Parliament’s portfolio committee on higher education has received 15 written submissions from witnesses who will participate in its inquiry into the Sefako Makgatho Health Sciences University (SMU) vice-chancellor, Peter Mbati.
The terms of reference of the inquiry, adopted two weeks ago, state it will look at whether the appointment of Mbati at SMU was procedural, among other things.
The inquiry will also deal with sexual harassment allegations against Mbati when he was the vice-chancellor of the University of Venda (Univen), in 2011, and whether Univen followed its own sexual harassment policy at the time. It will also evaluate allegations of financial maladministration and mismanagement against Univen and Mbati.
The Mail & Guardian reported last month that the inquiry, which should have taken place in September, had been put on hold after Mbati and Univen threatened an urgent interdict to stop the inquiry from proceeding. Mbati had taken issue with the committee investigating the allegations of sexual harassment, which he said were already exhausted in court and of which he was cleared.
The allegations of sexual misconduct were made by Thidziambi Phendla, a former dean of education at Univen.
Mbati and Phendla have provided statements to the committee but Phendla’s statement was not shared publicly.
Others to appear before the committee are former council members at Univen, former and current staff members who worked closely with him and the Commission for Gender Equality, which had also dealt with the sexual misconduct allegations.
Lavery Modise, who was appointed by the Univen council to mediate the sexual harassment complaint, had found that Mbati and Phendla had had a consensual relationship.
The former acting head of the legal department at the Commission for Gender Equality, Azwindini Mavhidula, wrote that the commission had been of the view that there was sufficient evidence to charge Mbati with sexual harassment.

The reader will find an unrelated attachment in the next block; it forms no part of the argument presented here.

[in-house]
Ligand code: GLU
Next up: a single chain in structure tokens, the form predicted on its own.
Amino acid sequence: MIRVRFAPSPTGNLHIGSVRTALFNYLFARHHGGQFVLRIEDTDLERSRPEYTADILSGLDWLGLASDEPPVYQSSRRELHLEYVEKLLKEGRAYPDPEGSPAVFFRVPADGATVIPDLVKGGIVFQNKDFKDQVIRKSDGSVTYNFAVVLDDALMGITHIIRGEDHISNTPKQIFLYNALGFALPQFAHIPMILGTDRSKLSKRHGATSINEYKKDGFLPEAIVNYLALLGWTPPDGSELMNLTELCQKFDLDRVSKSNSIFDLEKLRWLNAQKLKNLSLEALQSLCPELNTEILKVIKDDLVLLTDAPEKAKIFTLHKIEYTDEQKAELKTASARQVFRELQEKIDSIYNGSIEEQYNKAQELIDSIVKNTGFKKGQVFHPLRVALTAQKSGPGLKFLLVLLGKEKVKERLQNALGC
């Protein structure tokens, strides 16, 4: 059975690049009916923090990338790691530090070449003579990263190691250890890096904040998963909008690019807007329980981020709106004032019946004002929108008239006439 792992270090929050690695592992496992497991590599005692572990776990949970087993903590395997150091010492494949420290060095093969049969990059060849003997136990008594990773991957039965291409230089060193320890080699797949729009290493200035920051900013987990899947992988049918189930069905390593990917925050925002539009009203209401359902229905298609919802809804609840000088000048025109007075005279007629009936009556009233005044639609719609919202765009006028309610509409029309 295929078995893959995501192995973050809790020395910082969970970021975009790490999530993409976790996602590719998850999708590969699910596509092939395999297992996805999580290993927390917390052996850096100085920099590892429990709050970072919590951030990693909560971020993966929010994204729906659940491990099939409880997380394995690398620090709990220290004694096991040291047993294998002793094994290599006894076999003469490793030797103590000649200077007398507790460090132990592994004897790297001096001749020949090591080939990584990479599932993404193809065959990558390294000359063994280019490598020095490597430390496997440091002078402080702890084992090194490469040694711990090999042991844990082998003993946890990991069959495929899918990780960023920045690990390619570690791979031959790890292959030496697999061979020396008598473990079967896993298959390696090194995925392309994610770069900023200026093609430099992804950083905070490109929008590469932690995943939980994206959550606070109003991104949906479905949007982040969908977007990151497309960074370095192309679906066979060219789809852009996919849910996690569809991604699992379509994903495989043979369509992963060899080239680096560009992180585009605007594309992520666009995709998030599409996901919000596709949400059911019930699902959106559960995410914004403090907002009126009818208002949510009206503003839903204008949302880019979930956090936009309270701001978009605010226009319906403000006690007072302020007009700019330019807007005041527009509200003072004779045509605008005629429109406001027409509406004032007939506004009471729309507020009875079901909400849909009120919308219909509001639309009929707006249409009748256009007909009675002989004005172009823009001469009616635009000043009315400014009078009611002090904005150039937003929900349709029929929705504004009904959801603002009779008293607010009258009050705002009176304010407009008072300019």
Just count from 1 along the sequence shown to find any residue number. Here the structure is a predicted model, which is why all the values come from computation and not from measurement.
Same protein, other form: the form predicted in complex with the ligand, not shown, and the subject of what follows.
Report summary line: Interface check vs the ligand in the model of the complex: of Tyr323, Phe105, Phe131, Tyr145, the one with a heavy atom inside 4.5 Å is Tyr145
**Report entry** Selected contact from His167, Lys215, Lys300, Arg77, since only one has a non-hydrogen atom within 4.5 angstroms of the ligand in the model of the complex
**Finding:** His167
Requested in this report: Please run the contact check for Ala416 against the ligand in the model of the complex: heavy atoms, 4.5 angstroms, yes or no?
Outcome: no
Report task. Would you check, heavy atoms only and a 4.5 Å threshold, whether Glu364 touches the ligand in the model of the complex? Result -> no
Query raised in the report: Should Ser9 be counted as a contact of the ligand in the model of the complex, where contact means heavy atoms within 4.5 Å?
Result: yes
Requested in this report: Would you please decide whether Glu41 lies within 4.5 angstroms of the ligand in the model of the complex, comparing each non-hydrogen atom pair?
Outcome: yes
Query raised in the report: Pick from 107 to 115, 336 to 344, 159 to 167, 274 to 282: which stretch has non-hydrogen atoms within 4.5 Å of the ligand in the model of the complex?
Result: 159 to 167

Mavhidula also said the human resource manager and the legal adviser of Univen could not explain why the university had failed to comply with its sexual harassment policy when dealing with the complaint.
Nyelisani Clarence Tshitereke, who was a director in Mbati’s office, wrote that Mbati had used the university’s funds to pursue defences against the accusation.
In his statement, Mbati wrote that the chair of the council had rejected the allegations of sexual misconduct, and that at a special council meeting in 2016 he was absolved of the allegations. That former chair is Shirley Mabusela, who said that the council had appointed a mediator in line with the university’s sexual harassment policy. After receiving Modise’s report, the council had sought legal opinion and was advised that since Modise had cleared Mbati of sexual harassment there would be no basis to pursue a disciplinary process against him.
The committee is yet to announce when the inquiry will take place and has maintained that it will not ventilate issues that have already been before court.